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Protestantism communions differ to the levels that are maintained or discarded by the Roman Catholic forms of worship. Despite its differences to other Christian subdivisions it does share the Christian core beliefs in the doctrines of the Trinity and the sanctitude of Jesus Christ. It also believes in the importance of Jesus’ crucifixion as the essential requirement to save humans from the repercussions of sin and the resurrection for salvation. The Anglican Church which is the church of England and the Lutheran Church stuck to rituals similar to those followed by the Roman Catholic Church, in comparison to other communions such as the United Church of Christ and Baptists, who have created forms of worship that are not as liturgical as the other churches.

Objectives achieved by the Protestant Church

The Protestant Reformation accomplished some of its objectives throughout the years. The Protestant Reformation has achieved the goal of making the Bible available to common people and also available to everyone who wishes to take possession of it instead of those who are paid to interpret it by profession or politically. The Protestant Reformation also took away power from the pope because too much power in the hands of an individual person can be bad for people under the rule of that particular person. This has been witnessed through secular political leaders, such as Stalin; Napoleon and Hitler, and this has also been witnessed through corrupted popes who created the inquisition, an ecclesiastical dispute, and those who also lead Europe during the prehistoric ages.

The Protestant Reformation allows people to live by faith and express their belief in Christ whereas the Roman Church was caught up in a diversity of showing faith through works and giving money to the Roman Church. Protestantism also abolishes people’s views on the conception that they can bribe God for redemption on their sins. People would pay money to the church so that their sins could be forgiven and so that their relatives and themselves could be granted entry into heaven. It also made it clear to the congregation that the church didn’t need any money from them involved because Jesus’ death reigns supreme over any human sin.

Disadvantages of the Protestant Reformation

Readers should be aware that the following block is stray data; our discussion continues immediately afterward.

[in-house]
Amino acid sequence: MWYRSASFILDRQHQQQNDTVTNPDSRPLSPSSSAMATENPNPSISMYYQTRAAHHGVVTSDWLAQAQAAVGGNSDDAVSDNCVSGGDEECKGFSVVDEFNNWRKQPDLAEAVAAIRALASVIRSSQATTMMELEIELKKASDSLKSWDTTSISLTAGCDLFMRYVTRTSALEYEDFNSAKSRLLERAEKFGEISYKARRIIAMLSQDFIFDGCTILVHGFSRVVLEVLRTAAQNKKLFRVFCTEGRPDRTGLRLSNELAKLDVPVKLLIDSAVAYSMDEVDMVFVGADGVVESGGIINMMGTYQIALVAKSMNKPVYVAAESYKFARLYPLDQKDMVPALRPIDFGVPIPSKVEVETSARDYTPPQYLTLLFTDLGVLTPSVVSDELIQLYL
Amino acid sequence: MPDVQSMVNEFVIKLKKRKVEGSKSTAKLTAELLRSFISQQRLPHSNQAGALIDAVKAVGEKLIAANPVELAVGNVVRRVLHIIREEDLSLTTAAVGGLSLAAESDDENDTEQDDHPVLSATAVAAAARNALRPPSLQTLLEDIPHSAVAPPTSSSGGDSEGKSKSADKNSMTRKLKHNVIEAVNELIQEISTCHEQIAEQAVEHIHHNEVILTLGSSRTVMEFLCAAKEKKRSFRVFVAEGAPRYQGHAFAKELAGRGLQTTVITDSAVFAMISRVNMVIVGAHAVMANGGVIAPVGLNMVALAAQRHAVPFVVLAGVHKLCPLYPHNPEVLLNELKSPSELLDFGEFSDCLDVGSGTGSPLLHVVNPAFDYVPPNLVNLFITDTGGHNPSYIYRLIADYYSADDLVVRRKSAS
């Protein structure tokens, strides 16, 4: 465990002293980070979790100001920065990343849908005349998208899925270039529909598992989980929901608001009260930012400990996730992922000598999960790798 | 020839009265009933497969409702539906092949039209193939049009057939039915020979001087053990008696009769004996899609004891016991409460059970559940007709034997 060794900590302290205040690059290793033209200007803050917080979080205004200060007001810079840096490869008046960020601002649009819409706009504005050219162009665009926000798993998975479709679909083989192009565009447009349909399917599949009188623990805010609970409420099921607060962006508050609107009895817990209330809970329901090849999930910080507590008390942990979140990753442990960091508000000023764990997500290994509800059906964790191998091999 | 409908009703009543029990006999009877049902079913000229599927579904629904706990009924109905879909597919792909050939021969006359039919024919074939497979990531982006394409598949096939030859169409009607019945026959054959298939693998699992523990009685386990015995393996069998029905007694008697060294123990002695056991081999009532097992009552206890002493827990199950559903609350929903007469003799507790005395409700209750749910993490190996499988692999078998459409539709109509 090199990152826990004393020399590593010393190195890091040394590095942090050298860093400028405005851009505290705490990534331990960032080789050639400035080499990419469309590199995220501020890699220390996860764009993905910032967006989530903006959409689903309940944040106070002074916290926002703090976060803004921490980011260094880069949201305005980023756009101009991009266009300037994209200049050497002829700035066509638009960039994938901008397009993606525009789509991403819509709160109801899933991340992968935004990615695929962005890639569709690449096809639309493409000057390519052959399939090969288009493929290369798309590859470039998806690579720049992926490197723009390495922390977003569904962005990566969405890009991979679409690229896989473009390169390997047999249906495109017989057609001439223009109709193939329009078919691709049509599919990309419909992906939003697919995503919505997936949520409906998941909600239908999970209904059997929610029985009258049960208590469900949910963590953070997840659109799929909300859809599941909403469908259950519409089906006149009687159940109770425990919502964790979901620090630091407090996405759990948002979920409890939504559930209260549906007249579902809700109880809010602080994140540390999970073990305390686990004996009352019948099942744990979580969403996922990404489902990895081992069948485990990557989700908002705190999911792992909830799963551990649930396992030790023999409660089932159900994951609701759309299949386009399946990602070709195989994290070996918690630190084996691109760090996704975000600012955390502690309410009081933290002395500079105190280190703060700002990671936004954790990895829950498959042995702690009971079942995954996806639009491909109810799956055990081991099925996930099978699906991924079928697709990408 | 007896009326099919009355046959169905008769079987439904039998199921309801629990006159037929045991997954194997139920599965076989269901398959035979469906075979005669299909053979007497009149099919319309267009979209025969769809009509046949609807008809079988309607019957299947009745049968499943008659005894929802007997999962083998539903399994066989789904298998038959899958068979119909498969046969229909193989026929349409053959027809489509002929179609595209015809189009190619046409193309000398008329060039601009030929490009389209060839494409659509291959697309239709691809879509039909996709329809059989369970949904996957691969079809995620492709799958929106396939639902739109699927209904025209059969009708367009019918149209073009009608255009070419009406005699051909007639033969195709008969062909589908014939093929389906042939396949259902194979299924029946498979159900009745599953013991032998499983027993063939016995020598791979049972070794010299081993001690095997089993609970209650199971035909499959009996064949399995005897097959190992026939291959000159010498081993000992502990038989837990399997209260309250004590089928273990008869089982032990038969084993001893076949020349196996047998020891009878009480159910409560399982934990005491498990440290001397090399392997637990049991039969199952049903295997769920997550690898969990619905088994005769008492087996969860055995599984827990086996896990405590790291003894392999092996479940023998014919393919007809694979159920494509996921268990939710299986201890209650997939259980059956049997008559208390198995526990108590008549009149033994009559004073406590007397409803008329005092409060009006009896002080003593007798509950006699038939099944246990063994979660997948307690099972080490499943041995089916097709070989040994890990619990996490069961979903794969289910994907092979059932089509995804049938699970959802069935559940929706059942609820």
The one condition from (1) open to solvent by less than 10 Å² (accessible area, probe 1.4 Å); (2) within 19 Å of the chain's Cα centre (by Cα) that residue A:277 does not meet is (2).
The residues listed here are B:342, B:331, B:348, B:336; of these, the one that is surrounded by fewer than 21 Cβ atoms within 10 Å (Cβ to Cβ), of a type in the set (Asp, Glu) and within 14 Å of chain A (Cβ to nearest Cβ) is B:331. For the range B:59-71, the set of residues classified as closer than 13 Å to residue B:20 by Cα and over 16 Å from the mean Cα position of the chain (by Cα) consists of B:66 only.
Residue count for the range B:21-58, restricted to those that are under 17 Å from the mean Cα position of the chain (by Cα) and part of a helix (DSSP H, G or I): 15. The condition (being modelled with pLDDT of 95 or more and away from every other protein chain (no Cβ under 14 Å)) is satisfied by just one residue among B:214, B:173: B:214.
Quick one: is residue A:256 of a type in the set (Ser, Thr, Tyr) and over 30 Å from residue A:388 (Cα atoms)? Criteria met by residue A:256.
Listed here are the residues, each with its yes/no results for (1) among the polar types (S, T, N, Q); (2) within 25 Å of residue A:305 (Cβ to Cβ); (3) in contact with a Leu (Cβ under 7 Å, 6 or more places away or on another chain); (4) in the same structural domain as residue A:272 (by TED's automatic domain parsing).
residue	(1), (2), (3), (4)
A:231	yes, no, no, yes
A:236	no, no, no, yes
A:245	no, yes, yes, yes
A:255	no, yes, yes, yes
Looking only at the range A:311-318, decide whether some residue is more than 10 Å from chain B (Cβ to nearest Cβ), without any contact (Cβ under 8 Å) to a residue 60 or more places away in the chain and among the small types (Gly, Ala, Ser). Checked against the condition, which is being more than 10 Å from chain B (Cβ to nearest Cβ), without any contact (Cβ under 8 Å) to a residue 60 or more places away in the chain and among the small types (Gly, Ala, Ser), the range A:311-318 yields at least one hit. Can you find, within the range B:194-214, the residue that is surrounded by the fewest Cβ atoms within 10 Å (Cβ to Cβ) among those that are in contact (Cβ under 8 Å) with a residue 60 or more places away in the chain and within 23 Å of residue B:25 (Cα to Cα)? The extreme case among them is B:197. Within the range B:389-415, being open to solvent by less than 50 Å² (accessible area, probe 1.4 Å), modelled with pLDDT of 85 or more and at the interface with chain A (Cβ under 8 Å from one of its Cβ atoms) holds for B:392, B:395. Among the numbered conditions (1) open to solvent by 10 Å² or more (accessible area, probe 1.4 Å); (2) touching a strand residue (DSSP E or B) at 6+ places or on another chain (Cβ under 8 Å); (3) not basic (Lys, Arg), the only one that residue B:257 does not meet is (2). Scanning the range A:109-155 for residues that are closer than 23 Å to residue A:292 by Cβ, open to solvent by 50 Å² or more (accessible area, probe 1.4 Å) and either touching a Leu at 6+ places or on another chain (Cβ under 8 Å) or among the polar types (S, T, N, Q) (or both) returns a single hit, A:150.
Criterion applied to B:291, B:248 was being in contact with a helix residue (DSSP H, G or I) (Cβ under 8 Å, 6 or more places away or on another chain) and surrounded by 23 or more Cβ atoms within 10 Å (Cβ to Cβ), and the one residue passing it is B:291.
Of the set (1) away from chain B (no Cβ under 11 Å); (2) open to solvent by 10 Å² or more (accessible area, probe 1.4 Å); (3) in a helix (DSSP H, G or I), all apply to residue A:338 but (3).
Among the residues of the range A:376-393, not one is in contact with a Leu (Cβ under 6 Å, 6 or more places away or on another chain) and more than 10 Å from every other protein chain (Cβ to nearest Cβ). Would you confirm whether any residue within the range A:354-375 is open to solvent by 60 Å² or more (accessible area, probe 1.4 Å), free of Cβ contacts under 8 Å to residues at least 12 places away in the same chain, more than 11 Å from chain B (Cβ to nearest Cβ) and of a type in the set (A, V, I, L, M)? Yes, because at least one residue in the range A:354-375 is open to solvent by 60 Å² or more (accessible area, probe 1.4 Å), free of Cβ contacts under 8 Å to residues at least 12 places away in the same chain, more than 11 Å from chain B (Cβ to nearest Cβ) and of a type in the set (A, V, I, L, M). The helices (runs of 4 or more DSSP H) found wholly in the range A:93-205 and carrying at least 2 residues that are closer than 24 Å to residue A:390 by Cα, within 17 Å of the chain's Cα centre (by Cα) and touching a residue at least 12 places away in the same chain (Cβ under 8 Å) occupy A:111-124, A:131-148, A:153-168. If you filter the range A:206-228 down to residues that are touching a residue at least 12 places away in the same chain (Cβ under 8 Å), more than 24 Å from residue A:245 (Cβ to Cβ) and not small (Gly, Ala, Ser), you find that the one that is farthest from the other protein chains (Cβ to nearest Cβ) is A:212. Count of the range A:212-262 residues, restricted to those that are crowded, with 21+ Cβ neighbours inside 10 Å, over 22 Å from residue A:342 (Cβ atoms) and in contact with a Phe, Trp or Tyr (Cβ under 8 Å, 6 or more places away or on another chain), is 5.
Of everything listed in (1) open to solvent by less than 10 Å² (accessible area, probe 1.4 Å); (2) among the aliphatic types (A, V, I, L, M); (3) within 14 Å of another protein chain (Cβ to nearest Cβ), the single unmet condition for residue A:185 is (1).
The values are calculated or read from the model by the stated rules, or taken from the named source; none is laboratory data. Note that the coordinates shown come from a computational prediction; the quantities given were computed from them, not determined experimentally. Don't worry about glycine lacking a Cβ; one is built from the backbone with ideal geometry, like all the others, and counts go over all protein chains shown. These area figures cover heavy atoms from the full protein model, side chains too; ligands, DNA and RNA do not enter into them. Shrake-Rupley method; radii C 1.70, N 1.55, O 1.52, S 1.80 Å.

As much as the leaders of the Protestant Reformation thought that what they were doing, by starting the Protestant Church, was beneficial it also came with disadvantages. Being that the power and confederation of the Catholic Church had been broken, it lost its cultural; economic and political power, so it could no longer have an influence over each section of society. So therefore, this could have eventually put an end to Christendom, which is the kingdom of God having power over nations, and it could have also ended the renaissance of individual Christianity. While the Catholic Church was being disintegrated, it lost power in both the secular world and religious world, people started searching for answers in an earthly way opposed to divine revelation. Also seeing that there are many communions and churches that claim they know the truth, people end up doubting and questioning their faith in who can really interpret the Bible in a way that is truthful. The culture of the church is also slowly dying down because people are no longer putting their money; time and talents together to contribute towards preaching the gospel. Germans also witnessed what they still claim as the worst war in their history, more devastating than World War one and two, which was the 30 Years’ War of Germany. It also led to multiple wars in France which was between the Huguenots (French Protestants) and the Roman Catholics. Protestantism carried on setting Western Europe against its own people; Russia and the Eastern Church. England withdrew itself from Europe and broke away from those following the Anglican Church.